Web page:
Profit is important in any business, especially in a capitalistic society. A business owner who has chosen to provide a service and/or a product to his customers is hoping to keep his customers happy while being compensated for his work. Careful research and planning must occur when starting a business because lack of organisation or poor management can lead to a lower profits. Profit benefits business owners, and also indicates to shareholders how well the company is performing.
Definition of Profit
A profit can be defined as the additional amount of revenue that is made after all the resources necessary to create the product or provide the service are utilised.
How Profit is Determined
Let's assume you are selling lemonade. The price of the lemonade must include the cost of the lemons, water, sugar, and the cups you are using to serve the lemonade. Any materials necessary to create advertising materials, your time to preparing the lemonade must also factor into the price. After selling a certain amount of lemonade on a consistent basis, you will begin to make more money than it takes to create your product. If you are not making money outside of all of your work, there will not be enough money for you to survive and eventually maintain your business if the costs of cups, lemons or other materials rise.
Profit Relating to Shareholders
In business, the rule for profit is to continually make as much profit for the shareholders. Therefore, a company's chief executive may make decisions at the detriment of employees to maintain and continue making a profit. Shareholders are investing money on a consistent basis in hopes of receiving returns on their investment. If there is no profit, investors will stop investing and business cannot continue. Shareholders can also gauge the success of the CEO based on increasing or decreasing profits. This can determine if the CEO, or other top executives, should be replaced.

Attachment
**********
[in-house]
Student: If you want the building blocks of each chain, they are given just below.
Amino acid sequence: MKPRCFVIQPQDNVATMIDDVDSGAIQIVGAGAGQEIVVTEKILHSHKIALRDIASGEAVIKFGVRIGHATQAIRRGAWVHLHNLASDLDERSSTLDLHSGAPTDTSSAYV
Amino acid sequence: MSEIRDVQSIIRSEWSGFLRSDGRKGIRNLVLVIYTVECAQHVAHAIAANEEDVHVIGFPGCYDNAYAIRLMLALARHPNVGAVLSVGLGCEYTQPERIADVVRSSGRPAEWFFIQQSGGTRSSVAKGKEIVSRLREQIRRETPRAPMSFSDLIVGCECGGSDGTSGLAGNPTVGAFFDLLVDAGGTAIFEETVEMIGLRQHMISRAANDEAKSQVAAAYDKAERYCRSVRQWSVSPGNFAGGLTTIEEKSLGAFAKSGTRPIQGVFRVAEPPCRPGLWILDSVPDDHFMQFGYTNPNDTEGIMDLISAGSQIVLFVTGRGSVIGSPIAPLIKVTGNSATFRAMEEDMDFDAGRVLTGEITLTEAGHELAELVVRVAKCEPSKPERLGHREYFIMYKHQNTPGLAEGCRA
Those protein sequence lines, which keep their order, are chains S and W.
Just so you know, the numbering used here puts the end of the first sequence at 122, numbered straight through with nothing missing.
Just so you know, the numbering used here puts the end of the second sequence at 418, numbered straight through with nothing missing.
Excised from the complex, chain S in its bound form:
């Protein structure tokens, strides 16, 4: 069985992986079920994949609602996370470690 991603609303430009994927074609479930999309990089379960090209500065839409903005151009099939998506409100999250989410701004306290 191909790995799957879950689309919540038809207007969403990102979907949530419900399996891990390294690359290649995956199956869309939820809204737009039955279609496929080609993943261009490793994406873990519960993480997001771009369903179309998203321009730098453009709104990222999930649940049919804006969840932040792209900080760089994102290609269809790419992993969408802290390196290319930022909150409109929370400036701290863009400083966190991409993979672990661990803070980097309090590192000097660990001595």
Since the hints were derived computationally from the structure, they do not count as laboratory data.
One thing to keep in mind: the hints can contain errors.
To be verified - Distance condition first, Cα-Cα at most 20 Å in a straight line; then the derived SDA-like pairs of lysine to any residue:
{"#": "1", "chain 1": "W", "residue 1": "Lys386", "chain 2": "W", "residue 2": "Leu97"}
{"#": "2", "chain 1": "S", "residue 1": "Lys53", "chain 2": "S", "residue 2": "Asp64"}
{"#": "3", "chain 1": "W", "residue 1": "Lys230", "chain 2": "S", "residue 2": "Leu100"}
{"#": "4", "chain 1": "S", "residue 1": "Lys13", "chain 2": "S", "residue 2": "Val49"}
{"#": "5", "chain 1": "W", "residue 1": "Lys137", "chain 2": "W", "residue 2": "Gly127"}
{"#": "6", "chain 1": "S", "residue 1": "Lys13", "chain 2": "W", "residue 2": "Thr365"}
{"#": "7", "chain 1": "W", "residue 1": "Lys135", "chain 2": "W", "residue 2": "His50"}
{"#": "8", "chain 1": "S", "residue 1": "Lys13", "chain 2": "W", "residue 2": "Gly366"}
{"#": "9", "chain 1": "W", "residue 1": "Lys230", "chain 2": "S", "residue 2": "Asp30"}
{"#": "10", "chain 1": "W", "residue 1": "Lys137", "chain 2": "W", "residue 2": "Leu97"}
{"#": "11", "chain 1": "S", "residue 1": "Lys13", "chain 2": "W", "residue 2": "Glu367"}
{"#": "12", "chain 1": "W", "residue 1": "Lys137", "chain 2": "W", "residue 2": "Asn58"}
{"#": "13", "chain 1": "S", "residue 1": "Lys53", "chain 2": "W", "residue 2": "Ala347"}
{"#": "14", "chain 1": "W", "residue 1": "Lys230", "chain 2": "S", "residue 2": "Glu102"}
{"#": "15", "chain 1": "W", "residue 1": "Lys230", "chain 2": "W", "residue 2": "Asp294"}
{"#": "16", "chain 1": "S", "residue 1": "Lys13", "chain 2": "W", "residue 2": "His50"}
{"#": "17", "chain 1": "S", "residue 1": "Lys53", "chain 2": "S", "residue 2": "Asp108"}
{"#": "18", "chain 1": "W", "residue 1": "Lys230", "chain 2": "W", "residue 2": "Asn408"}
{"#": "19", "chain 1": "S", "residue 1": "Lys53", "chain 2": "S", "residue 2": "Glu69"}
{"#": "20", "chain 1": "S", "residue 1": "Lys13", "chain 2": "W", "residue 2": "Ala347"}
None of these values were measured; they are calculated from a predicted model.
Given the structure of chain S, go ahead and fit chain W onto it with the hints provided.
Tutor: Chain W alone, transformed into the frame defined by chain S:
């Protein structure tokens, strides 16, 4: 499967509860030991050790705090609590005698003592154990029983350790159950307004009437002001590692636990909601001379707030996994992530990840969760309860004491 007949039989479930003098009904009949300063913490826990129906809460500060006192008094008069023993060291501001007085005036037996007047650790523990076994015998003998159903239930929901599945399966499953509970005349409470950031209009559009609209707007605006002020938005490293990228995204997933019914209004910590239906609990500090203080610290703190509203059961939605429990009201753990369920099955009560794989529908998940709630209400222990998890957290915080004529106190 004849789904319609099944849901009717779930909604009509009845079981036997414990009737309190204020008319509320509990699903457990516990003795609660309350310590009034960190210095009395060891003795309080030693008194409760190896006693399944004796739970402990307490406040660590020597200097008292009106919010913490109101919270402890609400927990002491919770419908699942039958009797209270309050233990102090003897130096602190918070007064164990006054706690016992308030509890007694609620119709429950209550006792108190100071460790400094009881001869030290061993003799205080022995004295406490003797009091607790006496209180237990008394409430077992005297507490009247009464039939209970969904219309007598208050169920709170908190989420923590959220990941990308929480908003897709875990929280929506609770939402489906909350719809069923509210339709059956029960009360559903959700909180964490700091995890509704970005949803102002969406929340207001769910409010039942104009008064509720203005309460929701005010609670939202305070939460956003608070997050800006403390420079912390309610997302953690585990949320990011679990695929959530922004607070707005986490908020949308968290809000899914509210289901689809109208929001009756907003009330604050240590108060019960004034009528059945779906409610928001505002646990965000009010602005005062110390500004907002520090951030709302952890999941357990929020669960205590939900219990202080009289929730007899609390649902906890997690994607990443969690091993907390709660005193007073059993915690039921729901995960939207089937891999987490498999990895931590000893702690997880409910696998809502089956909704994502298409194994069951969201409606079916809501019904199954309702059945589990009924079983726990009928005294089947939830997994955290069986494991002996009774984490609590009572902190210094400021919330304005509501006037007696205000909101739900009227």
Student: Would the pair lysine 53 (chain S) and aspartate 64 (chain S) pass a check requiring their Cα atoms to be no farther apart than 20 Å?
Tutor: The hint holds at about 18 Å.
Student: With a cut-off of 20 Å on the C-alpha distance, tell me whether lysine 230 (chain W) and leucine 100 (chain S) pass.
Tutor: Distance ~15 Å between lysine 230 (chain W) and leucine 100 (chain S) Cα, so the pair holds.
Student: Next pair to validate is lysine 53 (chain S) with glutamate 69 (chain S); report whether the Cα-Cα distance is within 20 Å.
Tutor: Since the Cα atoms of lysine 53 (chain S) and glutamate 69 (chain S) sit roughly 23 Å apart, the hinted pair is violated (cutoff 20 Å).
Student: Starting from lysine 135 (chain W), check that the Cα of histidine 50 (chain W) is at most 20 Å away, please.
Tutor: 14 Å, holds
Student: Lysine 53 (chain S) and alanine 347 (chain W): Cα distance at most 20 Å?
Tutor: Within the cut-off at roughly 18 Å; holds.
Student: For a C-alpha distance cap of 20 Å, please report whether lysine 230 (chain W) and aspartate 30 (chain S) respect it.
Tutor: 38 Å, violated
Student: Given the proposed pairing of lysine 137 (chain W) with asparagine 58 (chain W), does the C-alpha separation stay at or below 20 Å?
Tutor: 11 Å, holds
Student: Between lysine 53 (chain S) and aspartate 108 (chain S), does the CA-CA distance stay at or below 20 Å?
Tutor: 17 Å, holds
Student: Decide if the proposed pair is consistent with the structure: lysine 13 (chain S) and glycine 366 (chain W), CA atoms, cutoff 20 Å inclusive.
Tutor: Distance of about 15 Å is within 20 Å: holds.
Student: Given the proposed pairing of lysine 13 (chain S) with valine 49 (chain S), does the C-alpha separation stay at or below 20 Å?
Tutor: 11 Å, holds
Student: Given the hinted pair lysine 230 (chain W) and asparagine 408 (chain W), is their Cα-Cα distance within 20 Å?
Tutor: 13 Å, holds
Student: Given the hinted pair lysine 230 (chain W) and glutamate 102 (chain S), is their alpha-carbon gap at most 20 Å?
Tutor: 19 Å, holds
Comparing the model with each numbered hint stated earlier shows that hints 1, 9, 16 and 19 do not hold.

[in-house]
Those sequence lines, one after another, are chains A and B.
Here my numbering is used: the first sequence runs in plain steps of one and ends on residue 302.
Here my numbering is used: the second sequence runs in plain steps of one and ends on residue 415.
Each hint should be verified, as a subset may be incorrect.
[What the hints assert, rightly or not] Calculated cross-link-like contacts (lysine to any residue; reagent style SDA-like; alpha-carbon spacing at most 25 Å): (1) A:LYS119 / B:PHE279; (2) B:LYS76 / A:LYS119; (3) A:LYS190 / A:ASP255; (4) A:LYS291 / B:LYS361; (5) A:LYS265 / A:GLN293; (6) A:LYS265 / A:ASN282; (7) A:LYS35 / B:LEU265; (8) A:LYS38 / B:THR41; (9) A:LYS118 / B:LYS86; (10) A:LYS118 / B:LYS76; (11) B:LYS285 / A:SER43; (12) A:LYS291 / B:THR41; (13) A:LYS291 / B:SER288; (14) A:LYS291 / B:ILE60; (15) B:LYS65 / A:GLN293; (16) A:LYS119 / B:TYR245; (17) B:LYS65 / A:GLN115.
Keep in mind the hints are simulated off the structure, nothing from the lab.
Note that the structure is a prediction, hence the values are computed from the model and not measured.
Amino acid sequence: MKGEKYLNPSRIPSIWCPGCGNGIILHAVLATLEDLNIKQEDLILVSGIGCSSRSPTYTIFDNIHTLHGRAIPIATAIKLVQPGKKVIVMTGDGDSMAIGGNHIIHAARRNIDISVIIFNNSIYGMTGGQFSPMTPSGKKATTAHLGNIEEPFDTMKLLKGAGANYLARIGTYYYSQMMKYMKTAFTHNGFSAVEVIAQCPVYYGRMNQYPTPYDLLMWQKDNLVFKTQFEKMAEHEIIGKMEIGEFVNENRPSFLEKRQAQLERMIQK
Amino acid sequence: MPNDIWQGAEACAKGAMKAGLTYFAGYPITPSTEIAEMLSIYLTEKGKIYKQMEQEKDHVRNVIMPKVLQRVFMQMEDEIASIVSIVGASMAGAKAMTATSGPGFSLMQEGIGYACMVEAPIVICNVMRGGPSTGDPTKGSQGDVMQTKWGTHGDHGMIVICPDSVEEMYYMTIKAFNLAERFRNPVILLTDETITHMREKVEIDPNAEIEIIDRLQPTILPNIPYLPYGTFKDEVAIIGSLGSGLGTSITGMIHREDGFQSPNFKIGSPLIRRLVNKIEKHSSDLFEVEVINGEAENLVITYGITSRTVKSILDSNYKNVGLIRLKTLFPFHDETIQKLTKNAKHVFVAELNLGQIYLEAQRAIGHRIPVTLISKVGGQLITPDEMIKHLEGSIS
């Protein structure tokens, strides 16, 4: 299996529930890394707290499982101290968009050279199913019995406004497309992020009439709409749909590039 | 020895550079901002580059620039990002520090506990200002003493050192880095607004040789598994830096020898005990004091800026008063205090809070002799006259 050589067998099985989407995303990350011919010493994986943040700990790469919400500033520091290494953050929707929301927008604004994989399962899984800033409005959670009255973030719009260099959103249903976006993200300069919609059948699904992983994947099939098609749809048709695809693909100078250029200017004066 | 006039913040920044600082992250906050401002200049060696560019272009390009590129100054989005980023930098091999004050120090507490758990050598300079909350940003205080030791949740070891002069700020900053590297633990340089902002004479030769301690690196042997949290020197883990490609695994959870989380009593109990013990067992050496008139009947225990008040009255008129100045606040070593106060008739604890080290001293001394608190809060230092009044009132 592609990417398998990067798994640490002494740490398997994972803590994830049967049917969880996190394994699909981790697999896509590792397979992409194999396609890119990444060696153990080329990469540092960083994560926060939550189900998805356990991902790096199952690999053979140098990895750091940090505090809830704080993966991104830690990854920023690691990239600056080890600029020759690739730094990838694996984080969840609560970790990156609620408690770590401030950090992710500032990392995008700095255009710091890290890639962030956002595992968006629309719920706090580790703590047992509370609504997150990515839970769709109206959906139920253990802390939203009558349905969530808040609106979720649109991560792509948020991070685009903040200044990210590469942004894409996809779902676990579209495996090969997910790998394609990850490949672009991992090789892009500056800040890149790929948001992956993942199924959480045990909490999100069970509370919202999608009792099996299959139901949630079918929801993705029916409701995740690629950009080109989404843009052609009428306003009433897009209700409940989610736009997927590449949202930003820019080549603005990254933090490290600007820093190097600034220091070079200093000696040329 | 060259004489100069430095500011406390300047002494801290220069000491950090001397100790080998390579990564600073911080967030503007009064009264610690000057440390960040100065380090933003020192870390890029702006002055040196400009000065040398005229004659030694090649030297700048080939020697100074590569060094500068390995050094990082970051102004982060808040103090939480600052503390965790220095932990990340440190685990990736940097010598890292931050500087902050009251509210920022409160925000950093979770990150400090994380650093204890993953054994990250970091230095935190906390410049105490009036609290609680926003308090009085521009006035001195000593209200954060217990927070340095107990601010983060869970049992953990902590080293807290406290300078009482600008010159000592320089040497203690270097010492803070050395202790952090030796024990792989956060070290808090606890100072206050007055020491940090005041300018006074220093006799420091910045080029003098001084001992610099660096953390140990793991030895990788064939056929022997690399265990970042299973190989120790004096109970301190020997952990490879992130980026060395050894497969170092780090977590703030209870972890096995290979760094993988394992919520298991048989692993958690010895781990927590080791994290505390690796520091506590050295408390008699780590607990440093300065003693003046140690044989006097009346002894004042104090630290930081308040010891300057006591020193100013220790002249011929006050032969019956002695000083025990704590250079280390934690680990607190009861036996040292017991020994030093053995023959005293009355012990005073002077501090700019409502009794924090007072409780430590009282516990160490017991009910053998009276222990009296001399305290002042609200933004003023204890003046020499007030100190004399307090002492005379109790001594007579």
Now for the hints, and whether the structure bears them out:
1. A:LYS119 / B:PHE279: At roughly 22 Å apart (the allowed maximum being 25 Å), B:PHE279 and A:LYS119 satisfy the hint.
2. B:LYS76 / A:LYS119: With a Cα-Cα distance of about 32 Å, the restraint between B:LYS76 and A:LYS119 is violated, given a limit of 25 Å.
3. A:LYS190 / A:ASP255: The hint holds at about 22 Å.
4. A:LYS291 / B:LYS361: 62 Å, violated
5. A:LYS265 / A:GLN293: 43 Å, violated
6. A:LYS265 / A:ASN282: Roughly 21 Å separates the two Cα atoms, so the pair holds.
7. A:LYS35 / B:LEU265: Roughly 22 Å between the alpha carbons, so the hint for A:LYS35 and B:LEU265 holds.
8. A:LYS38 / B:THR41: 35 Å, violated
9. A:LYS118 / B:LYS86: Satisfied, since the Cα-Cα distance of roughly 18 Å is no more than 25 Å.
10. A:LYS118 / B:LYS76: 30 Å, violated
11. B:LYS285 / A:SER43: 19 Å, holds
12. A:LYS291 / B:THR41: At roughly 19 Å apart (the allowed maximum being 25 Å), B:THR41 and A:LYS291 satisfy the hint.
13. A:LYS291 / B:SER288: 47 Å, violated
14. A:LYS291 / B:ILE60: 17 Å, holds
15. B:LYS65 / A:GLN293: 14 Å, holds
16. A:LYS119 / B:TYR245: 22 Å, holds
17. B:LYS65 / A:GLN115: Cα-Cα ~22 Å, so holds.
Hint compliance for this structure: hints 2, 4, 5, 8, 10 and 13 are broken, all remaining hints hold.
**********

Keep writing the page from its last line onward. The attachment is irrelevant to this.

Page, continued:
Profit for Experimentation
Calculating profit is an indicator of whether changes within the company are successful. For example, when Disneyland first opened, admission ticket prices rose. Though fewer customers came to the park, profits were higher than when ticket prices were lower. The increase in profit benefited shareholders and Disneyland. Profit also determines if a product is losing popularity.
Lessons in Profit loss
When companies begin to lose profit, it's an indication that aggressive business decisions must be made. For example. when consumers were transitioning from tape to compact disc, cassette tape sales declined. This indication of profit loss told businesses to focus efforts on making the transition to compact discs. Similar products include the horse-drawn carriage and zip drives. Continual and significant losses forces companies out of business.